Twitter Mulls Ad-Free Platform - Do TV Networks Benefit?

Could Twitter really make a transition to a world of subscriptions and leave advertising behind?

And if so, who benefits from those ad dollars left on the table?

Just a week ago, Netflix said it would do kind of the opposite -- segue in a small way into advertising-supported service, while still maintaining its powerful subscription platform. So there are new players interesting in chasing vulnerable ad dollars.

You have Elon Musk to thank for these possibilities -- his $44 billion proposed buyout of Twitter, the 217 million daily active-user social media platform.

Musk has mulled a world of a free-speech, subscription-paying platform, possibly with the absence of any advertising.

But all this will come at a cost. Mark Mahaney, media analyst of Evercore ISI, said on CNBC that a preliminary bit of research shows just 13% of Twitter users “maybe” interested in a subscription social media service.

Social media apps such as Twitter or Snap may have to make the change -- entirely due to changing digital media ad-related dynamics.



Both Twitter and Snap are feeling the pinch of lower advertising-revenue growth, largely because of tightening restrictions from Apple as publishers decrease the tracking of their users -- all the while allowing Apple device users to take greater control over their privacy.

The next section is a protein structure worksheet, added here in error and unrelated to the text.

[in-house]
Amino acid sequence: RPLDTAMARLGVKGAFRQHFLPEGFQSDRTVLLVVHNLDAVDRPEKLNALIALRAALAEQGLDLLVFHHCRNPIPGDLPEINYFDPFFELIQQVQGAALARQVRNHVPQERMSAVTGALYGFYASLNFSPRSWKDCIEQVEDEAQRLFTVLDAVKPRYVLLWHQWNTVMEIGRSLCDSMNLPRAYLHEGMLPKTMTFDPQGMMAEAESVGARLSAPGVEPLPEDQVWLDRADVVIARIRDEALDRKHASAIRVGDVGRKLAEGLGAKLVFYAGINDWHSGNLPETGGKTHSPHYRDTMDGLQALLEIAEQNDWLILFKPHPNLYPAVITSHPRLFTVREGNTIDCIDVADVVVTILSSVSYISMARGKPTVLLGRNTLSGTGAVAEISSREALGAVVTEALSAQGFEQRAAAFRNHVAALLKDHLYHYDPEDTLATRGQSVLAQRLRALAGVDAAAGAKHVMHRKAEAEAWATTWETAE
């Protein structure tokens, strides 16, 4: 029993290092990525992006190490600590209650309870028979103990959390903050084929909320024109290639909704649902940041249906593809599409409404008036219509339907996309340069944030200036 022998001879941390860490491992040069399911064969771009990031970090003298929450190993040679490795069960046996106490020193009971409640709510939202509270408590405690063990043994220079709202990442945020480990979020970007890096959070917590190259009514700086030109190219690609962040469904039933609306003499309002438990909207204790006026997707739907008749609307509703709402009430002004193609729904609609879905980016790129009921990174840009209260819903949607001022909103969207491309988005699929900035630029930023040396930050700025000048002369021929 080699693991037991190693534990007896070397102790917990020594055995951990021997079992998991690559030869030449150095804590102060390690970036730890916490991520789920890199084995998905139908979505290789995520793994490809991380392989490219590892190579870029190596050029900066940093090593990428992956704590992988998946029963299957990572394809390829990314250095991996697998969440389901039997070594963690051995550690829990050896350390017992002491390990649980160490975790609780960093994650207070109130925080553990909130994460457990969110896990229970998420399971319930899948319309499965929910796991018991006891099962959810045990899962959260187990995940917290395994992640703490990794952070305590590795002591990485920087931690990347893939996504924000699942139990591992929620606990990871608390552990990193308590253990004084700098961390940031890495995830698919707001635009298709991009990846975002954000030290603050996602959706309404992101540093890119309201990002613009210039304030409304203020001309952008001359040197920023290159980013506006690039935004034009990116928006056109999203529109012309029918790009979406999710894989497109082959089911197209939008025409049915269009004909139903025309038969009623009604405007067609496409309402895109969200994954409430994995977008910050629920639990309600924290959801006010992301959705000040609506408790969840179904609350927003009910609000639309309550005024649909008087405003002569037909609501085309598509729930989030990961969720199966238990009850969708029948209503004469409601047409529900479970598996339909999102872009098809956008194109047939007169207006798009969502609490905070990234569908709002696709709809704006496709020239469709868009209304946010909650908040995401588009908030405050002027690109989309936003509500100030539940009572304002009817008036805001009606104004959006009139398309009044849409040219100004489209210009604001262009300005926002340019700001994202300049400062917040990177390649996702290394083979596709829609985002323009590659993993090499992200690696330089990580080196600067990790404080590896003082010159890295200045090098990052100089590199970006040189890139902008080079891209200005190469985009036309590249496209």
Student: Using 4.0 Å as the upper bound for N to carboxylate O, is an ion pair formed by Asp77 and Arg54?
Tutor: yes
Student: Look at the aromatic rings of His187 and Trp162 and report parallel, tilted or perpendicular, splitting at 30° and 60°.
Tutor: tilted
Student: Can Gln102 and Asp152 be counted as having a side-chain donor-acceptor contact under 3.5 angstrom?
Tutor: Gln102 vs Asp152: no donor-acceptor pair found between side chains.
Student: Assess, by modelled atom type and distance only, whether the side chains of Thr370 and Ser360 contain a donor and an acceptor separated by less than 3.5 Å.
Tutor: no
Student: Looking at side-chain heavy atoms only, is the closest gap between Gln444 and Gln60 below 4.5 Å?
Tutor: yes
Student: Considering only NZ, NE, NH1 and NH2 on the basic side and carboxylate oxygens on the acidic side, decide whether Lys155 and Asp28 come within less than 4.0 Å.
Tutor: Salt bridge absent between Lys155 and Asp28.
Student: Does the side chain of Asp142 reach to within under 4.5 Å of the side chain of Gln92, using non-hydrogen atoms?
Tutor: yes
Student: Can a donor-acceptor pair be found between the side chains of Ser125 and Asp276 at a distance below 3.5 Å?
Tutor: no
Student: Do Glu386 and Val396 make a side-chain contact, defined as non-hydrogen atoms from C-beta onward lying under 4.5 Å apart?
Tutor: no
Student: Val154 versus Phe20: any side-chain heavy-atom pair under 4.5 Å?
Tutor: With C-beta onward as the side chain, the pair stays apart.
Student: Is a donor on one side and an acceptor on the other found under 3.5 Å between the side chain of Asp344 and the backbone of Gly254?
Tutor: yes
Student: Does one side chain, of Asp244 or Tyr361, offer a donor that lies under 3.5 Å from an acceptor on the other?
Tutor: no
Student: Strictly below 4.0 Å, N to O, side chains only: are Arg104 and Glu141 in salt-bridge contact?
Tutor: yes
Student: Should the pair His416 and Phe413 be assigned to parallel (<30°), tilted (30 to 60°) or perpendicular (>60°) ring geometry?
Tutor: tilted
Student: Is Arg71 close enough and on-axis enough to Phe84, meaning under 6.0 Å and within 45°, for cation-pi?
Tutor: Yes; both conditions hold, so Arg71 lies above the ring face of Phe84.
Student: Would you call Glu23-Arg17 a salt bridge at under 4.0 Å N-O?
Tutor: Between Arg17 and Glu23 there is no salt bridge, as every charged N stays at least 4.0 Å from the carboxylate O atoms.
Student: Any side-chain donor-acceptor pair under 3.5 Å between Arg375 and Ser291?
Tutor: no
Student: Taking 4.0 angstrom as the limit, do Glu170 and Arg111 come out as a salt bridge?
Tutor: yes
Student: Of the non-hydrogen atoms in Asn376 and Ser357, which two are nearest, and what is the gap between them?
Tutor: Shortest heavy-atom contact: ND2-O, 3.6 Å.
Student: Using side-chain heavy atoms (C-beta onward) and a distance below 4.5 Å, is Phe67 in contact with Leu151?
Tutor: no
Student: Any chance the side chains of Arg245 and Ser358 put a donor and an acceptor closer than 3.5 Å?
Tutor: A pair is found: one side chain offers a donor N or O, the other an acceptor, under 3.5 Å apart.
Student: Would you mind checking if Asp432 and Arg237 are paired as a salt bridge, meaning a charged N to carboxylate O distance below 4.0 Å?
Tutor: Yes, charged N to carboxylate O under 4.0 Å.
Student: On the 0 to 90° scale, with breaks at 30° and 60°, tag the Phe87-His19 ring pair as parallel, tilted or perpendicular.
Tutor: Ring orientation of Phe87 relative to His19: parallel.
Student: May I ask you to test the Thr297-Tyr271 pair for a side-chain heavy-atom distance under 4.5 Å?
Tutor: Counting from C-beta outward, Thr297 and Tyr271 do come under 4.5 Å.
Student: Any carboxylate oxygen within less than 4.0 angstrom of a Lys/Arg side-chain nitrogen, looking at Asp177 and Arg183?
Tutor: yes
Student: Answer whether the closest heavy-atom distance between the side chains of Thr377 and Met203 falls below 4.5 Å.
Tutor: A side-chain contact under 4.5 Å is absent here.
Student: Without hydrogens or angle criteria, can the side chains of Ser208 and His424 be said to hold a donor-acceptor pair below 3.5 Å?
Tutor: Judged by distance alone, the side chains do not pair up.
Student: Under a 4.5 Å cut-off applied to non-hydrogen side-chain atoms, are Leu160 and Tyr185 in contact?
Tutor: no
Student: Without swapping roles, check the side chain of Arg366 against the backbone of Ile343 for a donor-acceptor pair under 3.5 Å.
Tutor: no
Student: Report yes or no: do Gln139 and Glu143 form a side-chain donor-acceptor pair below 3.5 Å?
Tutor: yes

Snap pulls in around $3 billion in advertising spending per year, and Twitter, around $5 billion.

Who might benefit more directly from these abandoned dollars? TV networks.

Twitter gets much of its advertising from big brand marketers -- just like TV networks do. This is different from Facebook, which is home for millions of small business advertisers.

TV does not have the direct business outcome connection that digital media companies have long had, but eliminating cookie-based digital advertising means TV has more equal -- although not perfect -- ground compared to transitioning digital companies.

What's left, then, for Twitter in terms of the connection with TV?

TV networks have used Twitter for their word-of-mouth promotion and marketing that needs TV programming content. So that channel would go away.

Conversely, for years, Twitter has not been one to use much TV marketing for its own brand. But that could change in a big way.

Analysts believe if the bold Elon Musk dramatically swings for the fences, he will need to tell this new story to retain and grow users.

And that, my friend, will take some TV marketing dollars.

You can bet your fast-charging, donut-spinning Tesla on that one.

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